Three developments connected to Teva Pharmaceutical Industries Ltd. (Nasdaq: TEVA; TASE: TEVA) are expected to occur at the beginning of June, all of which could affect the company's stock price. The first concerns Teva's flagship drug, multiple sclerosis treatment Copaxone, which has annual sales of $3 billion. Another development is a court case in which Teva is being sued for violating a patent for Neurontin, which is produced by Pfizer. The last development is connected to a cancer drug called Custirsen, which is still being developed and is not yet being marketed.
Teva, managed by CEO Shlomo Yanai, is known mainly as a producer of generic drugs; however, it also develops its own original drugs, which make up about 30% of its production. Copaxone is Teva's original flagship drug and is responsible for about 20% of company sales, and according to estimates, more than a third of its profits. Over the last few years, Teva has been preparing for a period during which the status of the drug will diminish because of competition from other multiple sclerosis drugs administered orally. But more than that, Teva is concerned about generic competition to Copaxone. A few companies are already working energetically to develop a generic version of the drug, and Teva is waging legal battles against them claiming that they are breaching the patents that protect Copaxone.
As part of the legal battle, Teva has filed a citizen's petition to the FDA. A previous petition filed by Teva was rejected two years ago following the FDA's claim that it was too early to examine the claims. In December 2010, Teva filed the petition again, and the FDA has until the beginning of June to respond.
In the most optimistic scenario for Teva investors, the FDA will declare, or will at least imply, that since Copaxone is a complex drug it is necessary to perform clinical trials before it will approve a generic version. The result will be a significant delay to generic competition in the market, since the generic companies will be forced to allocate additional time to perform clinical trials. Furthermore, clinical testing is not cheap, and it is possible that the generic companies will reevaluate the benefit they would receive from a generic Copaxone (although it is unlikely that they will relinquish their development in a hurry.)
The pessimistic scenario for Teva investors will be if the FDA decides that Teva's claims are unfounded and that there is no need to perform clinical trials. In that case, investors will turn their attention to Teva's legal proceedings against generic companies Sandoz, Momenta, Maylon and Natco, which will commence in September. If the court gives a positive indication to the generic companies (before the final ruling) the chances of an at-risk launch of a generic version will increase.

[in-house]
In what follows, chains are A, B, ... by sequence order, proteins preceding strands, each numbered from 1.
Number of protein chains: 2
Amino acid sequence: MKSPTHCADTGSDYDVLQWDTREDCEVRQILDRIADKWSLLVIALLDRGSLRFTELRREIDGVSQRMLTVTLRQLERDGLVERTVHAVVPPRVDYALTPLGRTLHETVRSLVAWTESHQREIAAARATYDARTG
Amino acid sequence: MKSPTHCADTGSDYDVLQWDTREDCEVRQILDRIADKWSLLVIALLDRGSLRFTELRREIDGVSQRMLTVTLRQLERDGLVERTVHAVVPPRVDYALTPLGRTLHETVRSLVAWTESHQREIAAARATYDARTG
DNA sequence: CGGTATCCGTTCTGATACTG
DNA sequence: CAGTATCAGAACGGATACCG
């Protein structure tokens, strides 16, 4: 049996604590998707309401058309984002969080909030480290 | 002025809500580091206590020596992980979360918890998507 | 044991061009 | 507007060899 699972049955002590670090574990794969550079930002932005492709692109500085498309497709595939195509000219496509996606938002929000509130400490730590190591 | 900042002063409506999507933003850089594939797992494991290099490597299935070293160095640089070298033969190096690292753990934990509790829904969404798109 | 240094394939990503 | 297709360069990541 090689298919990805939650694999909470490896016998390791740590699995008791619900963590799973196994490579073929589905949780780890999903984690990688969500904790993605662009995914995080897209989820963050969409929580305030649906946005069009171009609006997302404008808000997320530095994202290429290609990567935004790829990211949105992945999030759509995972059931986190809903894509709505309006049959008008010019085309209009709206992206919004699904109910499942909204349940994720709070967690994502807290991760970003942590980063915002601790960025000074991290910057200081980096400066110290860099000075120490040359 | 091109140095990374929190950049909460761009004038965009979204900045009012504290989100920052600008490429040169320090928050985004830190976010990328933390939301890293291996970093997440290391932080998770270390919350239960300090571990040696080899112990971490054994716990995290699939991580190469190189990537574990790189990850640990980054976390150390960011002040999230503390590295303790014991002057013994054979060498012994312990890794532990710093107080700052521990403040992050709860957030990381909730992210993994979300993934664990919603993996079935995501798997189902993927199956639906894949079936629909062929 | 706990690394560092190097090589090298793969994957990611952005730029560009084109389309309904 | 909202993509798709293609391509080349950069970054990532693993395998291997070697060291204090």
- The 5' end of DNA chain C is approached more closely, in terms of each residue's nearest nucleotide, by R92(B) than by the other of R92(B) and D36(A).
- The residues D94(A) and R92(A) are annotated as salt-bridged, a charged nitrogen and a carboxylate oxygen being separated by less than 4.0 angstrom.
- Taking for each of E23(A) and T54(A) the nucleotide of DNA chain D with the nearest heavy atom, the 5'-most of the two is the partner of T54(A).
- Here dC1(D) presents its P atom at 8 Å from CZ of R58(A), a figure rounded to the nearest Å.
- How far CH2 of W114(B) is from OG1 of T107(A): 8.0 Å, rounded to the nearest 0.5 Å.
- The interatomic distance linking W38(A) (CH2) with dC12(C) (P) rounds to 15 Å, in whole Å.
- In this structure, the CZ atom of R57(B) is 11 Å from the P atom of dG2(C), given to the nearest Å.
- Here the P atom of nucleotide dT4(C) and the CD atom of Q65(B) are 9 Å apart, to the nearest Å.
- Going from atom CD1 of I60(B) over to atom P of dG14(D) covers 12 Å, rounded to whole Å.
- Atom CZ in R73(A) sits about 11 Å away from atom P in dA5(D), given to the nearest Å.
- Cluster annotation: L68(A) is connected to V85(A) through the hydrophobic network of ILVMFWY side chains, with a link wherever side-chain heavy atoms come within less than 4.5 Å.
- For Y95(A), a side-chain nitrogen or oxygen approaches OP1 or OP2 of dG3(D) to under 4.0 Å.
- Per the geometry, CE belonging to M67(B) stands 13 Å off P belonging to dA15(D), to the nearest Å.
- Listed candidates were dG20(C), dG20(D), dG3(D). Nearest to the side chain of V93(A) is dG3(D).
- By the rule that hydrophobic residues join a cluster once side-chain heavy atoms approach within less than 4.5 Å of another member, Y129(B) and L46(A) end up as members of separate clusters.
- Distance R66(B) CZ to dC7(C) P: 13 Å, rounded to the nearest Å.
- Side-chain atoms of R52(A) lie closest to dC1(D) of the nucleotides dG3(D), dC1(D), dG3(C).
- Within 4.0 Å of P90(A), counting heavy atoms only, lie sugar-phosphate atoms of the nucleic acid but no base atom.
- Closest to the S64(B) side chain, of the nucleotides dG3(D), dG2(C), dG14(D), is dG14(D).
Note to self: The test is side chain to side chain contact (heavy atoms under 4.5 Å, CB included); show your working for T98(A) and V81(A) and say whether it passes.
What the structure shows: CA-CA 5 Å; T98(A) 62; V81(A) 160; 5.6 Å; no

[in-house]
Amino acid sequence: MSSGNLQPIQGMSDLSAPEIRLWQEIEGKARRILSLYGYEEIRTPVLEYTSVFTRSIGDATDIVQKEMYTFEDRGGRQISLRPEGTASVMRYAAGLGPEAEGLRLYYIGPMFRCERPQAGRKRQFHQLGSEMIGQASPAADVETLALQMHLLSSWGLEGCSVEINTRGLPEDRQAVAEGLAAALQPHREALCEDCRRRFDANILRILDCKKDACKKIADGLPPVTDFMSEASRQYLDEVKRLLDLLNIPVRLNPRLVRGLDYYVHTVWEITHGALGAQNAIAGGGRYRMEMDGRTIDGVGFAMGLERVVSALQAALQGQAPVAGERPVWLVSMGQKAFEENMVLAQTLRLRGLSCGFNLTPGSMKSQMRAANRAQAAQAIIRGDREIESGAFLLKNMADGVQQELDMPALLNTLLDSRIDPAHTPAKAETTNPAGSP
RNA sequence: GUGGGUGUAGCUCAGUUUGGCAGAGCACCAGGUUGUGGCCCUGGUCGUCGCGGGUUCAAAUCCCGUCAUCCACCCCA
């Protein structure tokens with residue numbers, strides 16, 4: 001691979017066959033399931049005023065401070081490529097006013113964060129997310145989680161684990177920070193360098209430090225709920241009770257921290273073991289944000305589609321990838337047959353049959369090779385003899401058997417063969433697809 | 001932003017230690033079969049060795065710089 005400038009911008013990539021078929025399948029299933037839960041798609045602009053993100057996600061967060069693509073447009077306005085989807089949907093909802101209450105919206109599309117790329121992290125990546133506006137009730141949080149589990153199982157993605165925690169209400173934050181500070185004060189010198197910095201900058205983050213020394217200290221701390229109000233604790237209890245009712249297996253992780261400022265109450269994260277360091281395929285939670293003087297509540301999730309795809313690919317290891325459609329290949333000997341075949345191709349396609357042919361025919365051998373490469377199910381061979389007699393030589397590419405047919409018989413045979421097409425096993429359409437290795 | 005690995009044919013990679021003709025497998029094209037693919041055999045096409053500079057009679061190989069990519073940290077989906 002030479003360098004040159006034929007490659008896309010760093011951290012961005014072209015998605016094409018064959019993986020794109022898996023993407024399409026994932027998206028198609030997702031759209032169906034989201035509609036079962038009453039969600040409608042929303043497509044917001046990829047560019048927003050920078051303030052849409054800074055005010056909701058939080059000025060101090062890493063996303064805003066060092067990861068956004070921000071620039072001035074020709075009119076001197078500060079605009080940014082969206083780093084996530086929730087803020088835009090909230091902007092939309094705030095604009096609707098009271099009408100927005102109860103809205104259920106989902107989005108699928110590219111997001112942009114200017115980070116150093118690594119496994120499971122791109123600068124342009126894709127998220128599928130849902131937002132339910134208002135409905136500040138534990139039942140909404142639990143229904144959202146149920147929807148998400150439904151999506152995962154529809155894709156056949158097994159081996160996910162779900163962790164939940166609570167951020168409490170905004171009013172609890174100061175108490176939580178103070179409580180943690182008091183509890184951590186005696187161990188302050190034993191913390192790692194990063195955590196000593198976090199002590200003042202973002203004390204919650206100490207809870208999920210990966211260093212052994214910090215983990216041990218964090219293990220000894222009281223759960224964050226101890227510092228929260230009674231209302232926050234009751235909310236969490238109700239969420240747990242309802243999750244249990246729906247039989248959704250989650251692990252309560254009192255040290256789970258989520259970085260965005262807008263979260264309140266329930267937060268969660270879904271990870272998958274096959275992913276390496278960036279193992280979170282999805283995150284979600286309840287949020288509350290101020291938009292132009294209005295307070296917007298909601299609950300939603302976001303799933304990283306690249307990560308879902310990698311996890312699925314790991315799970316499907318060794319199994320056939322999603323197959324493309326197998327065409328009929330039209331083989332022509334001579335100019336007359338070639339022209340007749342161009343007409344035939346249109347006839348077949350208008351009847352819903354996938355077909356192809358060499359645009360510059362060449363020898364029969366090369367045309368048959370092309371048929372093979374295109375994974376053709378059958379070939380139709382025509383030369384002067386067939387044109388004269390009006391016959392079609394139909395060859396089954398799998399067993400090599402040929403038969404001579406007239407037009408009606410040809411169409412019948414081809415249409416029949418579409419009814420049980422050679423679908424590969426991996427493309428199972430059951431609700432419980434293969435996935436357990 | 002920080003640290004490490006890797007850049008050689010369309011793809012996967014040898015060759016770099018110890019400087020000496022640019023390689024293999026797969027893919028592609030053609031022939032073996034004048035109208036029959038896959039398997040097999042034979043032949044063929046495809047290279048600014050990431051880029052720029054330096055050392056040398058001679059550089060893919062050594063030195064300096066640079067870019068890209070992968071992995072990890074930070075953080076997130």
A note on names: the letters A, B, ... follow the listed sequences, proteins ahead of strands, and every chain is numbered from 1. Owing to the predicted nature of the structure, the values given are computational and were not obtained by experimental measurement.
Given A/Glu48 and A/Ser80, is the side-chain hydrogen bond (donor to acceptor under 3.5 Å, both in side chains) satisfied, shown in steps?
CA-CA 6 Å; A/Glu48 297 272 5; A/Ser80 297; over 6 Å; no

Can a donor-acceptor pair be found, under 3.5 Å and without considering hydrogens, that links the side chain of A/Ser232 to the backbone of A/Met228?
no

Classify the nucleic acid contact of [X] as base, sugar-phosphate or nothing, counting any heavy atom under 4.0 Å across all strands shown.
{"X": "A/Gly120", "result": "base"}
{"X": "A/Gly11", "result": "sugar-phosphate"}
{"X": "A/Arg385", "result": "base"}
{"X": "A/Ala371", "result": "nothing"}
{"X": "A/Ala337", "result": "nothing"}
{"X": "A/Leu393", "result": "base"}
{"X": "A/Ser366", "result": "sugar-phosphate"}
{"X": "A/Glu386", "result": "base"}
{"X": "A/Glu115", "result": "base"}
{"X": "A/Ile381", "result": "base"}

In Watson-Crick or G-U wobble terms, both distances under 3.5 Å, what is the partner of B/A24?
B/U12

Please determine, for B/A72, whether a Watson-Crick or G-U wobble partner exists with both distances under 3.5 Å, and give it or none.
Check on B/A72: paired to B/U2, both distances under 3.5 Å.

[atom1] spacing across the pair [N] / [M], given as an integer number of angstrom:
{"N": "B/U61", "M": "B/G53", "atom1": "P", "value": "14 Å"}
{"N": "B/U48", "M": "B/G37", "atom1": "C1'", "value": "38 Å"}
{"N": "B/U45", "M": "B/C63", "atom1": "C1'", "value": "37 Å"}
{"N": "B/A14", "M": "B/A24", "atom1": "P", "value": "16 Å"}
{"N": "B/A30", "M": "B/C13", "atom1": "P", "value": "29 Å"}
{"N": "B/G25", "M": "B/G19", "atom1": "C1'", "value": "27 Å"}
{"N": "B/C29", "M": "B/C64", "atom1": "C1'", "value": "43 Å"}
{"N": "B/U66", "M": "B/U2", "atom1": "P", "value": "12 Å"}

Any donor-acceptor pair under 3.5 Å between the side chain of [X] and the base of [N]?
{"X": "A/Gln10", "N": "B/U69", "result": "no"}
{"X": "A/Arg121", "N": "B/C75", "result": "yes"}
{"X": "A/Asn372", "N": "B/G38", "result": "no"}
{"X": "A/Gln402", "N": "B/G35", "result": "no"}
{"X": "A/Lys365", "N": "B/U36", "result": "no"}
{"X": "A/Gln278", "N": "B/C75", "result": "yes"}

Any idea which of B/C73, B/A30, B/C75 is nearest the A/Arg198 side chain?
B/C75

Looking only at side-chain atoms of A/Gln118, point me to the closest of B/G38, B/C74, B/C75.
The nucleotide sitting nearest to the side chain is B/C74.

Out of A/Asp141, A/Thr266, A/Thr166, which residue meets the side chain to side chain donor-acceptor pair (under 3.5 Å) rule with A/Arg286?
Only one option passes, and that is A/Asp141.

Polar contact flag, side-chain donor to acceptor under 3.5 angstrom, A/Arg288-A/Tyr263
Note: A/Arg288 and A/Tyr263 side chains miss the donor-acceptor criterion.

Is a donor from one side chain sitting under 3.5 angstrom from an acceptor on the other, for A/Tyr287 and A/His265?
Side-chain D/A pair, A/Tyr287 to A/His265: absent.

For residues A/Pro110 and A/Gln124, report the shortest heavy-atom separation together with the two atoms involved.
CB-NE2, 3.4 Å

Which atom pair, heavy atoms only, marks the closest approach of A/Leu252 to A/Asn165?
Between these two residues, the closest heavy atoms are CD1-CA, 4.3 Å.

Will Teva be forced to pay Pfizer?
As a generic company, Teva is involved in many legal proceedings, usually as the defendant. One of the cases involves the drug Neurontin, or Gabepentin to give it its generic name. Before the generic version was produced, the drug, which prevents epileptic seizures, had sales of more than $2 billion a year. The generic version was launched at-risk by Teva and also by Ivax, which Teva subsequently bought out 7 years ago. Pfizer claimed that its patent for the drug was valid through 2017, but the court ruled in 2005 that there was no patent infringement. However, a higher court ruled that some facts were in dispute and called for a full trial.
At the beginning of June, the court case is expected to come to a close, at which point it will be decided whether or not Teva infringed the patent, and whether it and other generic companies will be forced to pay compensation to Pfizer. According to Pfizer, it has lost "billions of dollars" since the generic versions were launched, and when a generic company loses a case concerning an at-risk launching, it is liable to have to pay damages that can reach three times the profit that the original drug company lost.
On the other hand, Teva claims that Pfizer benefitted from increased sales of the drug as a result of illegal activity: Warner-Lambert, the company that developed the drug and was bought by Pfizer, marketed it by giving benefits to doctors and giving false information. All that's left to do now is to wait and see what the ruling will be; will Teva be forced to pay, and if so, how much?
Expanding the original pipeline
The acquisition of the US company Cephalon and the positive results from the CureTech clinical trials highlighted the range of drugs that Teva produces for the treatment of cancer. One of these drugs, Custirsen, is being developed in conjunction with Canadian company OncoGenex and is designed to treat prostate cancer. At the annual meeting of the American Society of Clinical Oncology, which will take place between June 4 and June 6, both companies will present data about the drug. Positive results can positively affect Teva's stock price, since it would be expanding its original pipeline, which today is based almost completely on Copaxone. Teva investors fear its heavy dependence on Copaxone, and therefore every move that decreases this dependence is considered a positive development. .
Published by Globes [online], Israel business news - www.globes-online.com on May 30, 2011
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